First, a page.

A TSX Stock I’d Avoid at All Costs

Despite posting a massive surge in share prices, Canopy Growth (TSX:WEED) is a stock you might be better off steering clear of.

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With the boom of cannabis stocks in 2017 amid news of legalization in Canada and their subsequent fall from grace, you might think investors have learned a lesson.

Canopy Growth (TSX:WEED), the largest Canadian cannabis company, saw its share prices decline, and the business was doing so badly that it was forced to merge shares. Yet, Canopy Growth stock saw share prices soar by 100% between April 1 and April 30.

The surge in share prices shows many people are hopeful about Canadian marijuana stocks again. I will discuss what is happening and tell you why it might be a better idea to avoid the volatile stock instead.

The sudden rise

Canopy Growth, like many of its peers, saw a massive surge in share prices in April. The reason was simple: News came from across the border that might see marijuana being reclassified as a Schedule III substance in the United States. On the surface, it looks like great news. After being in the same category as drugs like heroin, the new classification might see it categorized the same as Tylenol.

If the reclassification comes through, it can open up a whole new market for Canopy Growth to capture across the border. The development might even see the company enjoy tax benefits, which can further help its business. Right now, Canopy Growth has a lot of expenses that it cannot write off, which other businesses can due to the classification of its primary product.

The problems

Leading up to cannabis becoming legalized in Canada, the entire industry saw a massive boom. Share prices went higher than anticipated, and it seemed that everybody with money to invest wanted to get on the bandwagon. The flow of investor money into these companies did not last too long after legalization finally happened.

Share price hikes due to so much interest from investors did not match the inherent value the underlying companies offered. Quarter after quarter, Canopy Growth failed to live up to the promise of being a highly profitable business. Even after legalization, companies in the cannabis industry faced several hurdles that made it difficult to compete with the illegal cannabis market.

Canopy Growth recently announced that it feels optimistic about the rescheduling announcement in the United States. The company also issued millions of shares to raise up to US$50 billion by 2026. If the company can raise the money, it can be beneficial for its entry as a major player in the U.S. cannabis market. However, the reclassification is not a done deal yet.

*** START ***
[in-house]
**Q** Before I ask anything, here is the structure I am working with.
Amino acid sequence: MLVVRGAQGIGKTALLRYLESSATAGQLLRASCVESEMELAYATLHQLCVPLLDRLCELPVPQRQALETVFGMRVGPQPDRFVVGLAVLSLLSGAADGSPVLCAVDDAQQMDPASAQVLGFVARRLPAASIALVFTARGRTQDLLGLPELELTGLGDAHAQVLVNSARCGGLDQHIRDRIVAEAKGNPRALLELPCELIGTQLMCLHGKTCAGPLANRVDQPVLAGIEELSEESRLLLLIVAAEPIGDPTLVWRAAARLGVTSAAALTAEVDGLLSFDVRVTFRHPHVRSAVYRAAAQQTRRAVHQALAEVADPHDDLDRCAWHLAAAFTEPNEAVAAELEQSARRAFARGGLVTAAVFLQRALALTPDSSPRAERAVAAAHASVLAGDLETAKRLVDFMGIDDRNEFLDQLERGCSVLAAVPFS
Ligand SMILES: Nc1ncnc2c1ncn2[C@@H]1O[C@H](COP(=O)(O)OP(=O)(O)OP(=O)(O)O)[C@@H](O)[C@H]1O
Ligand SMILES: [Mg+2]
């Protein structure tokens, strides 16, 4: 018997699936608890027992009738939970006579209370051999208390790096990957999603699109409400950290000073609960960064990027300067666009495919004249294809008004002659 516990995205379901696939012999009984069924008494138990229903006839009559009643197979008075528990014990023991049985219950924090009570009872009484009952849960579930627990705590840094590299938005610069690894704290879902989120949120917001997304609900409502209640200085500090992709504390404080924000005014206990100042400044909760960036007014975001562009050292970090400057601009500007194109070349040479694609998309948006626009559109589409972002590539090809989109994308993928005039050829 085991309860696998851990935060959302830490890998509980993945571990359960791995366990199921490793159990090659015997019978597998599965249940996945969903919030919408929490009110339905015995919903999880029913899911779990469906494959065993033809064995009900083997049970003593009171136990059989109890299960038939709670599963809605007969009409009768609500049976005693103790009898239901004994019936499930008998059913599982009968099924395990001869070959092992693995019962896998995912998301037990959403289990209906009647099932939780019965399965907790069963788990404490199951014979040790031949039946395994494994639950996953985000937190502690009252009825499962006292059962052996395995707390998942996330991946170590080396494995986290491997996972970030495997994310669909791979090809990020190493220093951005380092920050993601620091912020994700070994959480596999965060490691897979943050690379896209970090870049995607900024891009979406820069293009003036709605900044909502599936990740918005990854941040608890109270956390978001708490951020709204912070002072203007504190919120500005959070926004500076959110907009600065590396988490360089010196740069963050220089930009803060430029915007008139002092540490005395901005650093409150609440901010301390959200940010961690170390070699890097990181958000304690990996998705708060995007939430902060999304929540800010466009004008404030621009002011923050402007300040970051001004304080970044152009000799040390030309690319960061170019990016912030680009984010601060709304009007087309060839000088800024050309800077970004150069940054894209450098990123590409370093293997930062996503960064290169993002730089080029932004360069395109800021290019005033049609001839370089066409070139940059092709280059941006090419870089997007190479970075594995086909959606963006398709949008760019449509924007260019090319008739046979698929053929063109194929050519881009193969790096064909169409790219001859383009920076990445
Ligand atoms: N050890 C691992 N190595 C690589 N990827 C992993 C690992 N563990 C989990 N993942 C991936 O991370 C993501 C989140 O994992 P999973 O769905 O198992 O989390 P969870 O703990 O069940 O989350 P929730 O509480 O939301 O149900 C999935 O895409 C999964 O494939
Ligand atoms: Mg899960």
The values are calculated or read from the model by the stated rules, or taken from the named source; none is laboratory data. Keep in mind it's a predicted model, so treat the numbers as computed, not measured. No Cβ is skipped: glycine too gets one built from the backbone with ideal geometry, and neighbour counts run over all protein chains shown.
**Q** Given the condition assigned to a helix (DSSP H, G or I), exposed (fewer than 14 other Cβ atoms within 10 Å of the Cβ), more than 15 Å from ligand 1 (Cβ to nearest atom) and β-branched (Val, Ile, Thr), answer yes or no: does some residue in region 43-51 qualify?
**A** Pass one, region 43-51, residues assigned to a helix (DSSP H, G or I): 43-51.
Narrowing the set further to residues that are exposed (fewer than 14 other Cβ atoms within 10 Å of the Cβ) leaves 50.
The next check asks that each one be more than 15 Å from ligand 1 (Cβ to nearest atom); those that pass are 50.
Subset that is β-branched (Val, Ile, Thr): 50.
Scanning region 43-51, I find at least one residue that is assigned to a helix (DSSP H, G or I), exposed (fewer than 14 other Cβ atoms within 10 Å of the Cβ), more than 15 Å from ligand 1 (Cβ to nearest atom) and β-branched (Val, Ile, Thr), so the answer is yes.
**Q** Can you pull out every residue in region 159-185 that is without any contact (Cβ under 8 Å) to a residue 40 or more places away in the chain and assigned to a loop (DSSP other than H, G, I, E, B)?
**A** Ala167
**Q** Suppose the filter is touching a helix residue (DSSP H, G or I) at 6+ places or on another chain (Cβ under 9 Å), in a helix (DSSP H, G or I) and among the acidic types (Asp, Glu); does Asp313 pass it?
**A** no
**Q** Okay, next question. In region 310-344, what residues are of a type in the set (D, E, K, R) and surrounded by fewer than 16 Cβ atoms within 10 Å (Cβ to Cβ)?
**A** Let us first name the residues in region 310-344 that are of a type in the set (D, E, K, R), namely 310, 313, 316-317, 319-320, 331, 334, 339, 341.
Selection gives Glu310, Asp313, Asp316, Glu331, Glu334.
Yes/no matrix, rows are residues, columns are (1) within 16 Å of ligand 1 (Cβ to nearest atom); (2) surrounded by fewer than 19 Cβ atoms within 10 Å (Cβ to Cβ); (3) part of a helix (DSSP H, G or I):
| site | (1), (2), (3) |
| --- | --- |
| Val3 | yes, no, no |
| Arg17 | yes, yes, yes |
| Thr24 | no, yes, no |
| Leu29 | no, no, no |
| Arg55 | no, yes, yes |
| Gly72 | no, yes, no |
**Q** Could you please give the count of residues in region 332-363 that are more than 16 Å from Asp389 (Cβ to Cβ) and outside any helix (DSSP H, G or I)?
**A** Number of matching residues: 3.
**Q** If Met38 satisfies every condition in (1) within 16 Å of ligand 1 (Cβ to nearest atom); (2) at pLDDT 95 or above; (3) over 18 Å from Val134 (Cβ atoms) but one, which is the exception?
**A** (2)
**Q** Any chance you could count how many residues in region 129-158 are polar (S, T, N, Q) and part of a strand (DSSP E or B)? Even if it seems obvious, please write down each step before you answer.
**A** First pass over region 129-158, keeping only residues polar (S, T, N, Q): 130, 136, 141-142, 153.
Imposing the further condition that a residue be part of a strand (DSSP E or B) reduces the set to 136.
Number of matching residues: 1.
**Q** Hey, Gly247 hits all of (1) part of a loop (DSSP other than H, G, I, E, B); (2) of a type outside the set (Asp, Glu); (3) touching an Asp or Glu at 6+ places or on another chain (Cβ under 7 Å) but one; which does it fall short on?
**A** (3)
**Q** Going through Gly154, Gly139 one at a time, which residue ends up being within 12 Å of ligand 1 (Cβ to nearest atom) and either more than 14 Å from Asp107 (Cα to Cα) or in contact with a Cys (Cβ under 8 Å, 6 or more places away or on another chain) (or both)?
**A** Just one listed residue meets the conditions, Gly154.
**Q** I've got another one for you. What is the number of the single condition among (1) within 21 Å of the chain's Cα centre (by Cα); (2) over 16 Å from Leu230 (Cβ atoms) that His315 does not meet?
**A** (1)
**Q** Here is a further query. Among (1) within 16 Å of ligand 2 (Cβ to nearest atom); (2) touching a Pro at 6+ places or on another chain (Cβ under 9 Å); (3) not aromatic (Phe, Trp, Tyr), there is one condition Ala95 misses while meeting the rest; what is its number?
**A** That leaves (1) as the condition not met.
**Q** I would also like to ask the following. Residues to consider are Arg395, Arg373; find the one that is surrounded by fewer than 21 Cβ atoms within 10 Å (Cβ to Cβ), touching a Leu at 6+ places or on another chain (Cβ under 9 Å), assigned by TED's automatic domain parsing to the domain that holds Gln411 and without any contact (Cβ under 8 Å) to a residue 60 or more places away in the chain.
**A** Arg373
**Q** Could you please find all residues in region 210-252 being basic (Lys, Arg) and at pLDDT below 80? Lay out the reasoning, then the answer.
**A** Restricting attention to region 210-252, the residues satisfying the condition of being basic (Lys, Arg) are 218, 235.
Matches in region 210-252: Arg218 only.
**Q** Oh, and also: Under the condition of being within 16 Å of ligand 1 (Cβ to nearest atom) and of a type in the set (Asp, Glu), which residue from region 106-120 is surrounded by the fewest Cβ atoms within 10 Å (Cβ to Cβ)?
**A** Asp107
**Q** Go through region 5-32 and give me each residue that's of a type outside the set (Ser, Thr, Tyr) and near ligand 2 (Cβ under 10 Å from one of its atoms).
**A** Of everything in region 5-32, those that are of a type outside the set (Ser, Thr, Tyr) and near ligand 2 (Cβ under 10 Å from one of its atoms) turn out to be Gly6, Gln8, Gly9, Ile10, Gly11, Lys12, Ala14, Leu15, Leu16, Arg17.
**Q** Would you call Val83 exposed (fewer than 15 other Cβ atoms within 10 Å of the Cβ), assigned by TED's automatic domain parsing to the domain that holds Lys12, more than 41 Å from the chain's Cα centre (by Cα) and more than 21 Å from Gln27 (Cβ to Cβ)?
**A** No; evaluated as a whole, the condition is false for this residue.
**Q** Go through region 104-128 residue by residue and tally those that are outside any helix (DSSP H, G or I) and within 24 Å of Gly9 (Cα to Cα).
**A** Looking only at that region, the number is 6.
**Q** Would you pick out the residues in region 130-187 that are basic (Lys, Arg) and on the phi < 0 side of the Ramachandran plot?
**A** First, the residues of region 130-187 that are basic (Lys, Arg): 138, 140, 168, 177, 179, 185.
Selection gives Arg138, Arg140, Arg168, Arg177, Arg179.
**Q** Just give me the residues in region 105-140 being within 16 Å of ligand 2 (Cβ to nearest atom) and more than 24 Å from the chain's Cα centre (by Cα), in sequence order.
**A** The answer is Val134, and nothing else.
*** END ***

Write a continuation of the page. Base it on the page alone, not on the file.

Foolish takeaway

We have already seen the impact of cannabis legalization in boosting share prices for Canopy Growth, only for them to go down again. Even if markets open up in the U.S., it will likely take a long time for it to be profitable for the business.

Cannabis companies burn a lot of cash and have yet to become profitable after several years of operating in a legalized domestic market. A new market will pose new challenges for these companies to overcome.

Additionally, there is the prospect of the development falling apart entirely. The Biden administration has announced the reclassification.

If Donald Trump gets back into power, he can undo the decision. As of this writing, Canopy Growth stock has already pulled back by almost 35% since its surge by the end of April. It might be wiser to avoid investing in its shares until there’s more clarity and an improvement in the industry.

This article represents the opinion of the writer, who may disagree with the “official” recommendation position of a Motley Fool premium service or advisor. We’re Motley! Questioning an investing thesis — even one of our own — helps us all think critically about investing and make decisions that help us become smarter, happier, and richer, so we sometimes publish articles that may not be in line with recommendations, rankings or other content.

Fool contributor Adam Othman has no position in any of the stocks mentioned. The Motley Fool recommends Tilray Brands. The Motley Fool has a disclosure policy.

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